Back in my hometown of New Orleans, I’m sitting at Rue de la Course at the corner of Carrollton and Oak, shaking off the late-night arrival and waking up to continued universal agitation over the oil spill in the Gulf. As a former CNN newswriter and environmental reporter for Gambit, I’m in the unhappy position of reading some of my poems, grounded in this city and its surrounding wetlands, through this new lens.
I’m here—home—for Saints and Sinners, which benefits the NO/AIDS Task Force. NO/AIDS has benefitted my community and many friends of mine directly since the 1980s, when a disaster of another kind struck. It seems that my beloved city just can’t get a break. Fortunately, New Orleanians are nothing if not resilient, and this festival is one example of our history of cultural resistance.
My old friend Brad Richard invited me to take part in a panel discussion titled “To Get The News From Poems.” In an e-mail he sent Ed Madden, Steven Reigns, Emanuel Xavier, and me the other day, he warned: “…the air quality down here has not been great lately…. If you’re at all susceptible to sinus irritation, I suggest bringing along whatever helps you breathe easily. I’m sure I’ll need a cough drop or two during our panel.” The news from poetry is not good.
Driving down from Atlanta, where I’m finishing a Ph.D., directly to the Gulf Coast where I learned to sail, scuba dive, fish, and love the water, I worried about the Dirty Coast’s imminent environmental apocalypse. National coverage of this story has been spotty at best. The spill’s impact began to seep into CNBC’s consciousness yesterday—as a story on possible seafood price increases in New York—as if the question of what the spill means for all Americans were not one of benthic depth. We tend to think of North and South, East Coast and Gulf Coast, as universes apart, yet our lives are far more interdependent than regional allegiances would have us believe. The hundreds of thousands of dead baitfish I saw (and smelled) yesterday at low tide in Ocean Springs, MS have everything to do with Saints and Sinners, with our literature, with queer survival, with human survival. Our coast has been queered, and not in a good way. Some people don’t care whether we live or die. From the point of view of those who live and work in New Orleans and the Gulf South, who “we” are has spread its dark sheen across a far wider surface in recent weeks.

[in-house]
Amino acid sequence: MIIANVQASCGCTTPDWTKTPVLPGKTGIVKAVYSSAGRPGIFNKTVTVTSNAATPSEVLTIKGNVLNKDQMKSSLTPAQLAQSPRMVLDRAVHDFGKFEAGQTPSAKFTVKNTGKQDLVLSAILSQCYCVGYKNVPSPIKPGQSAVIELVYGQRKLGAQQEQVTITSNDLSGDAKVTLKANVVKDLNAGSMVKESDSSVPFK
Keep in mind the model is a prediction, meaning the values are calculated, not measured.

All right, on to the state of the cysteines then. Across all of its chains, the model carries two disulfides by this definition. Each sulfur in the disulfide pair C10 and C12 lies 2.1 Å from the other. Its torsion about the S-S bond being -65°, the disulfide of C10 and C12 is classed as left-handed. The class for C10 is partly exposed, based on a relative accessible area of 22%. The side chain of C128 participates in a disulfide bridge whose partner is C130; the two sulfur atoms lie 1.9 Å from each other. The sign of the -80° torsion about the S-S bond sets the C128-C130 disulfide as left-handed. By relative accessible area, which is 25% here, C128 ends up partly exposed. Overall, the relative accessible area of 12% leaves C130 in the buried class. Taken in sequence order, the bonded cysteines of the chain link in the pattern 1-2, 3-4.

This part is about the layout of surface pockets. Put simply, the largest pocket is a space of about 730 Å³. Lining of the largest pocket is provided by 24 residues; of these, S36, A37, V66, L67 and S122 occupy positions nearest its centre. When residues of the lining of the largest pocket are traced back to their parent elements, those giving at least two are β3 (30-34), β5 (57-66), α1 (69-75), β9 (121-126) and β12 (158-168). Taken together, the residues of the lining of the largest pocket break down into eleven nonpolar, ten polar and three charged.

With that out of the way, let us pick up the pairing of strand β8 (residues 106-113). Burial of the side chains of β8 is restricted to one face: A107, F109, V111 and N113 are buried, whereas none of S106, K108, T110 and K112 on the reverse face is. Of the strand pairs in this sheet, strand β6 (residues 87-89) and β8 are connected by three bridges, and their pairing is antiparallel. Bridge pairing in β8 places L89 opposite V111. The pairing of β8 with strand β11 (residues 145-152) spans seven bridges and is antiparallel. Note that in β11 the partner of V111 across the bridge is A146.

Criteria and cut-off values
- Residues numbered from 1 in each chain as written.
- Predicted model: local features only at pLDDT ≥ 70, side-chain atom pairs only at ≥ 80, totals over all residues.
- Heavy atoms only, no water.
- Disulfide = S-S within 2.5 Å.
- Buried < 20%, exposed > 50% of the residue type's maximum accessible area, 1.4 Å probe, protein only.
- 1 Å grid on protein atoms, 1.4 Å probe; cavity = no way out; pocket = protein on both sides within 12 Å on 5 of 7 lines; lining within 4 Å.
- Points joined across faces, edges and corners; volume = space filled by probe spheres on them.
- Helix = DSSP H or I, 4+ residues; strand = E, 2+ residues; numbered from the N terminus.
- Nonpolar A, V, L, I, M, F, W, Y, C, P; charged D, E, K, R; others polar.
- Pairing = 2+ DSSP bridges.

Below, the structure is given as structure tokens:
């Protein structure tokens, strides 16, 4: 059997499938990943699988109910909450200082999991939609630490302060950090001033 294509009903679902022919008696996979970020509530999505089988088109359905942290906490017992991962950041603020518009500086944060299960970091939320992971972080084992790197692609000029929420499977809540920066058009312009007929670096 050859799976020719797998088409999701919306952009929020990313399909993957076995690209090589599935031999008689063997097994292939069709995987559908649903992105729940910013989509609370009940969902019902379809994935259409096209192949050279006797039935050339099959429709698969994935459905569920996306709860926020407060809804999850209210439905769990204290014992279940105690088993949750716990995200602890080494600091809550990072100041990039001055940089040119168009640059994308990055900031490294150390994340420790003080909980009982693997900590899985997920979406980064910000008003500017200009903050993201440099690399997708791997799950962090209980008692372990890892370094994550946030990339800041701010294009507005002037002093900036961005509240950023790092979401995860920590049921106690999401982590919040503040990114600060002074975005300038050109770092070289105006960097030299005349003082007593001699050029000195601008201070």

On this beautiful, overcast, humid New Orleans morning, however, I’m happy to report that I don’t smell the chemical funk which many of my friends had complained about in recent days. You can still eat Louisiana seafood for the time being. No one parties like we do in New Orleans. So come on down to Saints and Sinners. Show your support of LGBTQ literature, itself an endangered species for many reasons, and of the fighting spirit which NO/AIDS Task Force and New Orleanians in general live each day. You can register before noon today online, or in person tomorrow at the Bourbon Orleans Hotel. By doing so, you can fight back against the forces that would divide us and kill us.
Tonight, the Bourbon Pub and Parade hosts a krewe of queer authors, including Lucy Jane Bledsoe, James Driggers, Jeff Mann, James Nolan, and 2010 Short Fiction Contest winner Wayne Lee Gay. The reading and cocktail party benefits the festival, and revelers will take home a copy of the anthology Saints and Sinners 2010: New Fiction from the Festival, published by QueerMojo (an imprint of Rebel Satori Press) and co-edited by Amie M. Evans. The full schedule of events is available here. And if you can’t make it, I’ll be filing daily dispatches direct from the Land of Dreams.